In "Batman Incorporated" #0, writers Grant Morrison and Chris Burnham team up with artist Frazer Irving for a round of "Brand Building" as Batman head-hunts globally for allies in the coming war against Leviathan.
Each recruit gets a vignette-style sketch by Morrison and Burnham, and the script's sharp dialogue excels in quick character study. Knight (of Knight and Squire) displays charming enthusiasm as he rambles to Batman about his plan to shrink his headquarters, then trailing off into a "look, just forget I ever said that." The usual characters get memorable lines too, from Alfred's Jeeves-like crack about a Bat-mole to Damian (as Robin) declaring "I'll happily punch him."
The issue is bookended with two sequences that focus on how Batman has never been truly alone, with Alfred always by his side after his parents' death. Morrison and Burnham link a flashback from "Batman: Year One" with Alfred's caretaker role and move directly into a conference room where Bruce Wayne is pitching Batman Incorporated. This abrupt segue feels forced, as does the theme of teamwork and the need for support.
Batman's homecoming to the Batcave at the end of the issue flows more naturally, showing rather than telling how Batman serves Gotham and world so well in part because other people serve him out of love, loyalty or shared goals. Alfred's devotion, and yes, servitude, to Batman/Bruce raises uncomfortable questions about hierarchy within Batman's organization, with the recruits ranging from starry-eyed to resentful of Batman. I wonder if the writers have plans for conflict within the corporation, or if Leviathan's threat will be enough to unite these characters, divided by nation and personality, all under the Bat logo. Regardless, the lead-up to the last page has excellent pacing and it is appropriate that Alfred should have the last word, ending the issue on a philosophical, resonant note.
Frazer Irving's art for "Batman Incorporated" #0 is not as visually cohesive as his recent work on "The Shade," but his composition and use of color remain exceptional. The ominous 8-panel sequence of Batman's vision of Leviathan feels appropriately heavy with foreboding and symbolism, and panels throughout the issue have exquisite composition. Dark Ranger's acrobatic fight sequence is gorgeously balanced, and another memorable series of panels has Mr. Unknown, the Japanese Batman, fighting a gorilla and a villain named Veiniac made entirely of veins. Morrison and Burnham were probably cackling with glee writing this character into the script, but Irving's dynamic silhouetting and restraint with color make Veiniac's physiology beautiful rather than ridiculous.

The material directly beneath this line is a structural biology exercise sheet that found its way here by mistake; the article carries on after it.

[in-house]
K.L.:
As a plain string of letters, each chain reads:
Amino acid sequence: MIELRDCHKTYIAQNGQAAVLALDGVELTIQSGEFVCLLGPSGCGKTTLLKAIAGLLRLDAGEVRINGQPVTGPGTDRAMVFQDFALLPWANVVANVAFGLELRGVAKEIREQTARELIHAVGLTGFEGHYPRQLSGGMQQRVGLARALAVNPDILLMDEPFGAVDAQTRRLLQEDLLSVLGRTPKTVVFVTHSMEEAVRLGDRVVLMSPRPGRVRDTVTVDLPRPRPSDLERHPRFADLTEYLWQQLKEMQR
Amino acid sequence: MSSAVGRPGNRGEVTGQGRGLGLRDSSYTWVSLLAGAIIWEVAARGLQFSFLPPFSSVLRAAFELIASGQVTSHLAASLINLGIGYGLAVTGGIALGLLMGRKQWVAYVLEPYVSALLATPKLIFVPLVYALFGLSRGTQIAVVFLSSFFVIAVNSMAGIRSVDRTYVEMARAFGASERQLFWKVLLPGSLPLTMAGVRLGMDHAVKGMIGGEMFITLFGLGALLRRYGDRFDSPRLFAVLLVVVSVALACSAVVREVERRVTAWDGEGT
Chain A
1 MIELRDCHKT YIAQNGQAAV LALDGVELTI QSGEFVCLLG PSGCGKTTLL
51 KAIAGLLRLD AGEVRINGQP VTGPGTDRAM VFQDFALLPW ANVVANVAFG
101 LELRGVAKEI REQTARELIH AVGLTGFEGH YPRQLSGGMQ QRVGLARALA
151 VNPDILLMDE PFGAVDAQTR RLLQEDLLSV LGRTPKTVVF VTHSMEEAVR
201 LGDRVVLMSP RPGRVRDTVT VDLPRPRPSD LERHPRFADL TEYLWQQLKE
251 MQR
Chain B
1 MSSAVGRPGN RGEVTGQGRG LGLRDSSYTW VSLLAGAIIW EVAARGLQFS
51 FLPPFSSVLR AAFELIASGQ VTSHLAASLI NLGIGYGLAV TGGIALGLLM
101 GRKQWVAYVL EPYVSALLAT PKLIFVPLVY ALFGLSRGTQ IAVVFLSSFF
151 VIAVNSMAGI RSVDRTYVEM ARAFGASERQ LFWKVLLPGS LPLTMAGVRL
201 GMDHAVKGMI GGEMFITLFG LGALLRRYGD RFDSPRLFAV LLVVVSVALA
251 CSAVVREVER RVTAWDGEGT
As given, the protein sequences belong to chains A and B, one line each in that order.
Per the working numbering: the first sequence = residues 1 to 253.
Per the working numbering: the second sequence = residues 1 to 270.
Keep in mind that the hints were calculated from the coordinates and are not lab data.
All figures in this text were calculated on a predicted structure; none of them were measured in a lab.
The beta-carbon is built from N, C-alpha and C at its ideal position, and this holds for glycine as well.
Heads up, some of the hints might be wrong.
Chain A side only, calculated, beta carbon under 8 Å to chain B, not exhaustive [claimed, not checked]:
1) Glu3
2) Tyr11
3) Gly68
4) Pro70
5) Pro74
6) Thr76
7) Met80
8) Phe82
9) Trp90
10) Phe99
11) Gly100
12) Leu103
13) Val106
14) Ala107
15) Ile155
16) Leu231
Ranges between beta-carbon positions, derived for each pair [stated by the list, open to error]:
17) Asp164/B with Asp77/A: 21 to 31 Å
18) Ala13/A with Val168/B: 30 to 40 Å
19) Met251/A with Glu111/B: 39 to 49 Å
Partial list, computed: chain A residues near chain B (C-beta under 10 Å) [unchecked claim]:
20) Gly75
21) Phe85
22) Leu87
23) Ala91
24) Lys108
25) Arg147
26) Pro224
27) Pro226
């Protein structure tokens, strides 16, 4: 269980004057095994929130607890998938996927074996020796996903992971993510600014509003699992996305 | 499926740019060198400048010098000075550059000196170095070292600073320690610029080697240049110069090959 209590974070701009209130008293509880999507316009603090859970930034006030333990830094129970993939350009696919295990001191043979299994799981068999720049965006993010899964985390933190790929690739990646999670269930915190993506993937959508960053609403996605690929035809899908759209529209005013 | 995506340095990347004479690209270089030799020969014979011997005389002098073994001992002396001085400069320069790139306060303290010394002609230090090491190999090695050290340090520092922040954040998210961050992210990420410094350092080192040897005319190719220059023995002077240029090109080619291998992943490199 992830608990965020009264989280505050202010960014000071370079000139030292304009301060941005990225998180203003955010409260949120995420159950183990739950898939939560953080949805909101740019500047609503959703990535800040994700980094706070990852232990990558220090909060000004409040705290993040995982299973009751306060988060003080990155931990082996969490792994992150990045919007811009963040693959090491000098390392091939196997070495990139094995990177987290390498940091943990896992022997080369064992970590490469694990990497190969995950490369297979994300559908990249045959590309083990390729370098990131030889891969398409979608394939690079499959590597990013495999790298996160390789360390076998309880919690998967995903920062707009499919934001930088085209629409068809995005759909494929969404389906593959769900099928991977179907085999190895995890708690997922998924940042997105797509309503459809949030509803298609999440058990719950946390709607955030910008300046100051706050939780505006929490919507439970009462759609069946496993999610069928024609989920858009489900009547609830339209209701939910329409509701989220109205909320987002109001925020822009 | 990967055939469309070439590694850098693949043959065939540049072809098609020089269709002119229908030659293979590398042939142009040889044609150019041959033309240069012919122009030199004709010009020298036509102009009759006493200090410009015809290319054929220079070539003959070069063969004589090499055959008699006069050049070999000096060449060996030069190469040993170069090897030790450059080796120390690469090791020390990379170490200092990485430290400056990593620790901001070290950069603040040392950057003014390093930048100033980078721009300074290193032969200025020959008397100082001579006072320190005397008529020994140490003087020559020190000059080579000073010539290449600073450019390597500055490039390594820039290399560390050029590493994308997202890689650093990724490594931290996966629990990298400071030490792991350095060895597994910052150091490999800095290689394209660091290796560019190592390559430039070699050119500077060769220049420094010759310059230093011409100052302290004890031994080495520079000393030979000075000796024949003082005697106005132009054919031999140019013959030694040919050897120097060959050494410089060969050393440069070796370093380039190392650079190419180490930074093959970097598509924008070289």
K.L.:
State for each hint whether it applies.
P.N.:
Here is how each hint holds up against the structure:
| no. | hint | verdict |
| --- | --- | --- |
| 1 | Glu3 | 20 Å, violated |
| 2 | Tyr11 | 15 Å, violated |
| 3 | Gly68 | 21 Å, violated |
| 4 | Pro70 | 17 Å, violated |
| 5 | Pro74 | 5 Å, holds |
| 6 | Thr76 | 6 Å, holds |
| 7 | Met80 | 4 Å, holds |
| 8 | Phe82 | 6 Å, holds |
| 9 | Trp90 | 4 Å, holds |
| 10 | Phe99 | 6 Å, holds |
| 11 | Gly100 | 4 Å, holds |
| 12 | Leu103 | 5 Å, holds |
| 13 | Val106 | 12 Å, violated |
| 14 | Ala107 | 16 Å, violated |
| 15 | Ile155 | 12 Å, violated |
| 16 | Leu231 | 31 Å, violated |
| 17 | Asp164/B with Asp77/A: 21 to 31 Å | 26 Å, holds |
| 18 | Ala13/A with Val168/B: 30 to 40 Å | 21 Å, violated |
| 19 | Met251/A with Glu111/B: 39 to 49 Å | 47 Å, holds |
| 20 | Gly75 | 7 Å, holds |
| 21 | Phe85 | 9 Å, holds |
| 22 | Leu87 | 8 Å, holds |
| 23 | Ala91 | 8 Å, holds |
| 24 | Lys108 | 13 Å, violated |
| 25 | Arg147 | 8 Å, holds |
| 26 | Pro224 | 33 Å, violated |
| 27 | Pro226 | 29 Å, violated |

Despite these visual and verbal delights, "Batman Incorporated" #0 is thin on plot. With nine recruits (Knight and Squire in the UK, the new Dark Ranger in Australia, Ravil in Russia, Nightrunner in France, Chief Man of Bats and Raven Red in America, Jiro/Mr. Unknown in Japan, El Gaucho in Argentina) all vying for screen time with Batman, there isn't for much apart from the speed-dating-paced "interviews." Not only is there no self-contained story, the content of "Batman Incorporated" #0 doesn't obviously advance the existing arc of the series. Reading the issue feels like attending a loud, crowded party hosted by Batman and then being rushed out the back door after a blizzard of introductions. This is not an unpleasant experience, but it feels like a lot of handshakes and smiles without making a sustained connection. The exception is the new Dark Ranger, Johnny Riley, who gets a coming of age story on fast forward, and it's impressive that Morrison and Burnham pull off this compression.
Out of the Zero Month issues I've read, "Batman Incorporated" #0 is the most unfriendly towards new readers. It's still a worthwhile read for the sharp character sketches and Frazer Irving's art, but one's mileage will definitely vary depending on knowledge of Morrison's Batman run and fondness for lesser-known DCU characters.